The **partition** method (lines 17–51) partitions the array **list[first..last]** using the pivot. The first element in the partial array is chosen as the pivot (line 18). Initially **low** points to the second element in the partial array (line 19) and **high** points to the last element in the partial array (line 20).

Starting from the left, the method searches forward in the array for the first element that is greater than the pivot (lines 24–25), then searches from the right backward for the first element in the array that is less than or equal to the pivot (lines 28–29). It then swaps these two elements and repeats the same search and swap operations until all the elements are searched in a **while** loop (lines 22–37).

The method returns the new index for the pivot that divides the partial array into two parts if the pivot has been moved (line 46). Otherwise, it returns the original index for the pivot (line 49).

Figure below illustrates how to partition an array (5 2 9 3 8 4 0 1 6 7). Choose the first element, 5, as the pivot. Initially low is the index that points to element 2 and high points to element 7, as shown in Figure below (a). Advance index low forward to search for the first element (9) that is greater than the pivot and move index high backward to search for the first element (1) that is less than or equal to the pivot, as shown in Figure below (b). Swap 9 with 1, as shown in Figure below (c). Continue the search and move low to point to element 8 and high to point to element 0, as shown in Figure below (d). Swap element 8 with 0, as shown in Figure below (e). Continue to move low until it passes high, as shown in Figure below (f). Now all the elements are examined. Swap the pivot with element 4 at index high. The final partition is shown in Figure below (g). The index of the pivot is returned when the method is finished.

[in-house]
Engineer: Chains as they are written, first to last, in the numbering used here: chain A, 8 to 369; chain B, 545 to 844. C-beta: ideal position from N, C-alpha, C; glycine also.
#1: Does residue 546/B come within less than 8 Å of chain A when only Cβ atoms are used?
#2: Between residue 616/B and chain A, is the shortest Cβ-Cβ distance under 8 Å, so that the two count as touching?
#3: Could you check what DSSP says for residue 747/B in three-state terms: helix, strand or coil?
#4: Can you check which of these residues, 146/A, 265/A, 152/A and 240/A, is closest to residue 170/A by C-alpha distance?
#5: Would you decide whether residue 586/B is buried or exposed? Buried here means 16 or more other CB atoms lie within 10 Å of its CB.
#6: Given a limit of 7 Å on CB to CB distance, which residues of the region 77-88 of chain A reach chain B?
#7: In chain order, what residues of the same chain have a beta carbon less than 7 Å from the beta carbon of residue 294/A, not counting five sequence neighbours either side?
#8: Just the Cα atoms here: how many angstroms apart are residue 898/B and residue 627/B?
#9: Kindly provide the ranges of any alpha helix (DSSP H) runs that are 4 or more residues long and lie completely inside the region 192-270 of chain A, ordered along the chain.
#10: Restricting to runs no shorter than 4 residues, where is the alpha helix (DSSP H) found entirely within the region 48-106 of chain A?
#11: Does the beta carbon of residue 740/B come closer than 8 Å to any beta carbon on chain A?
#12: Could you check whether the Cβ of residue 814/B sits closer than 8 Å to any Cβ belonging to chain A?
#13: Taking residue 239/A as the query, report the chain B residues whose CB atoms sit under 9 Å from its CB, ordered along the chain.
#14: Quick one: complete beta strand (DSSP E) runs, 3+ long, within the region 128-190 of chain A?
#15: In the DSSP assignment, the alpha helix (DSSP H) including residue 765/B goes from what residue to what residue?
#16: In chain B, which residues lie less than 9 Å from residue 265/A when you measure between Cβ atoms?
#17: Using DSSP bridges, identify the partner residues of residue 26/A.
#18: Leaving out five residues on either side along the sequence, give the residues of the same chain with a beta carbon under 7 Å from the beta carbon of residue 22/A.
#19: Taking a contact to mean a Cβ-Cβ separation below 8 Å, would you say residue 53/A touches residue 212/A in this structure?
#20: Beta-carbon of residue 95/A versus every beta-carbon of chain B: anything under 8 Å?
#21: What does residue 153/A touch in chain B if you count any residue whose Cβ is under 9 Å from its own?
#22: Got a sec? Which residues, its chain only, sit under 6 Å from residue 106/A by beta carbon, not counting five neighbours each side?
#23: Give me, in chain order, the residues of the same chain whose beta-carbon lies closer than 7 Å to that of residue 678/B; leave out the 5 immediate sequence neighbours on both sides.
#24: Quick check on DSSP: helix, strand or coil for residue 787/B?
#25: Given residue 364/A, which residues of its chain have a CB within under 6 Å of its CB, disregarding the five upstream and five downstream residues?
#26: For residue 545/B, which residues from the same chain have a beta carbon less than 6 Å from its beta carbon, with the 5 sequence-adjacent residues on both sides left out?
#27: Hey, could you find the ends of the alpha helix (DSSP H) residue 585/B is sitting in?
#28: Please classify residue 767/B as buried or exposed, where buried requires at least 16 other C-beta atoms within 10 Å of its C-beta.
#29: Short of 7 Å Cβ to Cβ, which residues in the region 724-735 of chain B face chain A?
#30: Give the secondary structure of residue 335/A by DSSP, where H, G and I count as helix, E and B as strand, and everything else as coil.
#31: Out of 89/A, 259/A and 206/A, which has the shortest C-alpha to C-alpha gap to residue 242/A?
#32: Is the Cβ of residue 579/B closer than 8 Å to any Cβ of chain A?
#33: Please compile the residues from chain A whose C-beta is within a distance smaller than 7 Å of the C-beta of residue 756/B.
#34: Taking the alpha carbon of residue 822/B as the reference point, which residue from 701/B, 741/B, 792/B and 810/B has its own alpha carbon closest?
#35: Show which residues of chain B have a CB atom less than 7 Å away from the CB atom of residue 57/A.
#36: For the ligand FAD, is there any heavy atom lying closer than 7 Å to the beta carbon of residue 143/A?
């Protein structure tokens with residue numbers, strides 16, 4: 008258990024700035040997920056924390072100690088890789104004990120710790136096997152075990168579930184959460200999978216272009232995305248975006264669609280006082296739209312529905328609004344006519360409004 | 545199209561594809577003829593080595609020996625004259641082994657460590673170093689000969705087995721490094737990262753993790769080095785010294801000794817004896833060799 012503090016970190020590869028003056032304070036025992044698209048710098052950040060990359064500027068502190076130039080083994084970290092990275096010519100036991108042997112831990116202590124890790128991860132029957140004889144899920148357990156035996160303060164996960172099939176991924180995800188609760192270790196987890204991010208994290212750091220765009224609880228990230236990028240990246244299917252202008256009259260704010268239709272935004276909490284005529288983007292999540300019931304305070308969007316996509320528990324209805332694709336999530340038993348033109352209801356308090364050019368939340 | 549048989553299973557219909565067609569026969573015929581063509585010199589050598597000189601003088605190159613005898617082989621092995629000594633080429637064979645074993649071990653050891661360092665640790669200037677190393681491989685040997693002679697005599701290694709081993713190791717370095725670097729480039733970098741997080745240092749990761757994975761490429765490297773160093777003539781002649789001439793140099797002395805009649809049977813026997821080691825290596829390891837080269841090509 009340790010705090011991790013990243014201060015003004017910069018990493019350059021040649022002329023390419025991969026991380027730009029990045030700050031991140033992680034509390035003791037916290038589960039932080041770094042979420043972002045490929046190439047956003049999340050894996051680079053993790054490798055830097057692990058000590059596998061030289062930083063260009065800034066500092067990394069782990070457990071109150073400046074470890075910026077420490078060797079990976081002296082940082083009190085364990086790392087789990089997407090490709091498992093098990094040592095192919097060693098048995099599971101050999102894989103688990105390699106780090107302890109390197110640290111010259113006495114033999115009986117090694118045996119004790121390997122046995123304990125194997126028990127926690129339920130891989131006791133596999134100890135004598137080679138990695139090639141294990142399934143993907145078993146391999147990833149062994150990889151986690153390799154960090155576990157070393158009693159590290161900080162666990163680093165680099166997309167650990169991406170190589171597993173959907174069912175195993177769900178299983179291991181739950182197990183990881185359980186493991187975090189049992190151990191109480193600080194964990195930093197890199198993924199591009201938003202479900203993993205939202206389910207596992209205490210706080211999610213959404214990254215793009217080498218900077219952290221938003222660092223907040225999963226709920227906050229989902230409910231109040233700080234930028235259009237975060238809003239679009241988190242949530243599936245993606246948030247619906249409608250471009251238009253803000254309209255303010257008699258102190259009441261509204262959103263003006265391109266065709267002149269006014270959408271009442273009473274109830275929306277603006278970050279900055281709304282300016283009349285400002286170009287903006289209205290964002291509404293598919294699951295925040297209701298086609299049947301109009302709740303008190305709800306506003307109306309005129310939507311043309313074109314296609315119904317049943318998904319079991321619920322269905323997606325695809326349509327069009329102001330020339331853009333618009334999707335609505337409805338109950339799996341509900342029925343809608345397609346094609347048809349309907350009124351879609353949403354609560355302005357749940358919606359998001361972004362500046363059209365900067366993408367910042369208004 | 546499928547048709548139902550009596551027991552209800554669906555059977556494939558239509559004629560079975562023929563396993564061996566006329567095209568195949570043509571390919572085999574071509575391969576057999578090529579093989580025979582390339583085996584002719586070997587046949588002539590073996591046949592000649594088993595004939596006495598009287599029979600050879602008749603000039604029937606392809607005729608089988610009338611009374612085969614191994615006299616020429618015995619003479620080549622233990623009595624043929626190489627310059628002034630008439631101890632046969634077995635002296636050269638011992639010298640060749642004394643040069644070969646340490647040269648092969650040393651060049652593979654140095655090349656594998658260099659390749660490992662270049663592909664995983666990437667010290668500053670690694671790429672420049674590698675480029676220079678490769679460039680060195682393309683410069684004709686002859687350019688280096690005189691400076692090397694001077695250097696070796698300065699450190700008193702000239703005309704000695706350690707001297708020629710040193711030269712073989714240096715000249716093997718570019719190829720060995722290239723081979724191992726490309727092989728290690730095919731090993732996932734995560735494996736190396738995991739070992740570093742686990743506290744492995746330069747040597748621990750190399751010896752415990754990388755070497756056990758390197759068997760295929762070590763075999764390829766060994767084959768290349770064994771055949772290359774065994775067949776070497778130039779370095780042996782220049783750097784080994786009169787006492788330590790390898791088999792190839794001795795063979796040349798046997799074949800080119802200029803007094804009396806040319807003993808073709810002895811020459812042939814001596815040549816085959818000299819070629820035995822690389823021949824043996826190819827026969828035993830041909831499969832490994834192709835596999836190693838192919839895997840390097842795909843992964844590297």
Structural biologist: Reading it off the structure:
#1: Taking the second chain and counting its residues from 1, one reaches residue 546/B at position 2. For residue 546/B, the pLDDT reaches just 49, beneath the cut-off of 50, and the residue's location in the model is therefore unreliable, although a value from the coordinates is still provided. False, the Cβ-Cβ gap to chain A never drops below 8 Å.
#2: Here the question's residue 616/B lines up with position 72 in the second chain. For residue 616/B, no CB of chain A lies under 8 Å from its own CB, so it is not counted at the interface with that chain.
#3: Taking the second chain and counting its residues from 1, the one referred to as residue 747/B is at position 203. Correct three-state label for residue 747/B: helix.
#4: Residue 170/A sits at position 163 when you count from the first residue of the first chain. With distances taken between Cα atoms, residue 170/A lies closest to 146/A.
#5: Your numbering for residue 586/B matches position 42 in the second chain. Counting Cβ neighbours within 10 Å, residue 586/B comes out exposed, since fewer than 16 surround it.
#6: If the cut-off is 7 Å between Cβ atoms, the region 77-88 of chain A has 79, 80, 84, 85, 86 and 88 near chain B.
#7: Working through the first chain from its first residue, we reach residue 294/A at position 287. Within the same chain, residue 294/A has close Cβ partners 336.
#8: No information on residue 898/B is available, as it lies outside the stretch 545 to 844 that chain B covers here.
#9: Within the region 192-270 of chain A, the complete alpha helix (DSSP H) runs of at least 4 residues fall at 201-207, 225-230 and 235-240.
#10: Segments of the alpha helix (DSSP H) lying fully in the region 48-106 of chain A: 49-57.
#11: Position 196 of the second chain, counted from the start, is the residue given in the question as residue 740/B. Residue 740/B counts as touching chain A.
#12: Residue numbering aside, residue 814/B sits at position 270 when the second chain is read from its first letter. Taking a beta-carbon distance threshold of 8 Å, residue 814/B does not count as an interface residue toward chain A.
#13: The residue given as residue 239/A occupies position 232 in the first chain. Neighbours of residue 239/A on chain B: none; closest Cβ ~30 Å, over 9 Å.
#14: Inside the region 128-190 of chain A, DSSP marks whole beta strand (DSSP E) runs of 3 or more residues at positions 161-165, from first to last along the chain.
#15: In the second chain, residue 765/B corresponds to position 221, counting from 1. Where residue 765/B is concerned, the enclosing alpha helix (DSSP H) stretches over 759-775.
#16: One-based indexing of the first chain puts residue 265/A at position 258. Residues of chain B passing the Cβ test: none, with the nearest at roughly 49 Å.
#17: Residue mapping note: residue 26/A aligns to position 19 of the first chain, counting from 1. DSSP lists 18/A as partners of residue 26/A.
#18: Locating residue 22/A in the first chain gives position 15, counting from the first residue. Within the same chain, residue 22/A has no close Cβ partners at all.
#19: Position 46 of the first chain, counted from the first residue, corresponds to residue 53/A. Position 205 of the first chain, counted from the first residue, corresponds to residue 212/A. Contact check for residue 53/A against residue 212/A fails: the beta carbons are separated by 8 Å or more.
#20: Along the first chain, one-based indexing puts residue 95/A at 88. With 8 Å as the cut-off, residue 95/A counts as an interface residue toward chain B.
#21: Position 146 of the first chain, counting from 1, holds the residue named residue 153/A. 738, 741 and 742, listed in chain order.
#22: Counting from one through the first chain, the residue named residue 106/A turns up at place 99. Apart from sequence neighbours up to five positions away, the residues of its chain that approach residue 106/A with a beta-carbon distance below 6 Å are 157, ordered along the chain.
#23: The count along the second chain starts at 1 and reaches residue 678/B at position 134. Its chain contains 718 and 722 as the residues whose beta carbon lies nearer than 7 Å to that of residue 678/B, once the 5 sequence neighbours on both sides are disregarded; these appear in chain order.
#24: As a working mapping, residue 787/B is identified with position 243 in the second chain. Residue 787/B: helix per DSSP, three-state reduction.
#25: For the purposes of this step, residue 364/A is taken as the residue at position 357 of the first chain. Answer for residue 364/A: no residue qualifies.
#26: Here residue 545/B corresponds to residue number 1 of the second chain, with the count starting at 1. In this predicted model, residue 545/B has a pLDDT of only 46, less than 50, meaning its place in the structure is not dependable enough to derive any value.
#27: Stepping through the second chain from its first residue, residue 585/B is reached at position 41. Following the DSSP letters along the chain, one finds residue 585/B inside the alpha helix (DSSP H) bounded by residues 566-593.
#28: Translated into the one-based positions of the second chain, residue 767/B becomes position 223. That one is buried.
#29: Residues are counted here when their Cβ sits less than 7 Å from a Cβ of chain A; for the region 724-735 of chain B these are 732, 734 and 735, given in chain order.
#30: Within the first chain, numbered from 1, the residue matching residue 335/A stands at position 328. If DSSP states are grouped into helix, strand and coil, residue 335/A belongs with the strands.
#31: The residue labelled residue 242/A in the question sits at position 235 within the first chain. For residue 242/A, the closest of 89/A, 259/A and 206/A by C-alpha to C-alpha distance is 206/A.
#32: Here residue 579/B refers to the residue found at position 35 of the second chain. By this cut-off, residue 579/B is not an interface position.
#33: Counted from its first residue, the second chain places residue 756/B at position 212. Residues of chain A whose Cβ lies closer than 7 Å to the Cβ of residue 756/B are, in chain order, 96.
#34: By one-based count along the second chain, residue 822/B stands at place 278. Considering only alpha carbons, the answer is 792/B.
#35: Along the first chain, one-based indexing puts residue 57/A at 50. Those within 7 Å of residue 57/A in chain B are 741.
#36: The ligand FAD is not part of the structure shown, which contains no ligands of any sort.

To partition an array of n elements, it takes n comparisons and n moves in the worst case. Thus, the time required for partition is O(n).

In the worst case, the pivot divides the array each time into one big subarray with the other array empty. The size of the big subarray is one less than the one before divided. The algorithm requires (n - 1) + (n - 2) + ... + 2 + 1 = O(n^2) time.

In the best case, the pivot divides the array each time into two parts of about the same size. Let T(n) denote the time required for sorting an array of n elements using quick sort. Thus,

Similar to the merge sort analysis, T(n) = O(n logn).

On the average, the pivot will not divide the array into two parts of the same size or one empty part each time. Statistically, the sizes of the two parts are very close. Therefore, the average time is O(n logn). The exact average-case analysis is beyond the scope of this book.

Both merge sort and quick sort employ the divide-and-conquer approach. For merge sort, the bulk of the work is to merge two sublists, which takes place *after* the sublists are sorted. For quick sort, the bulk of the work is to partition the list into two sublists, which takes place

*before* the sublists are sorted. Merge sort is more efficient than quick sort in the worst case, but the two are equally efficient in the average case. Merge sort requires a temporary array for sorting two subarrays. Quick sort does not need additional array space. Thus, quick sort is more space efficient than merge sort.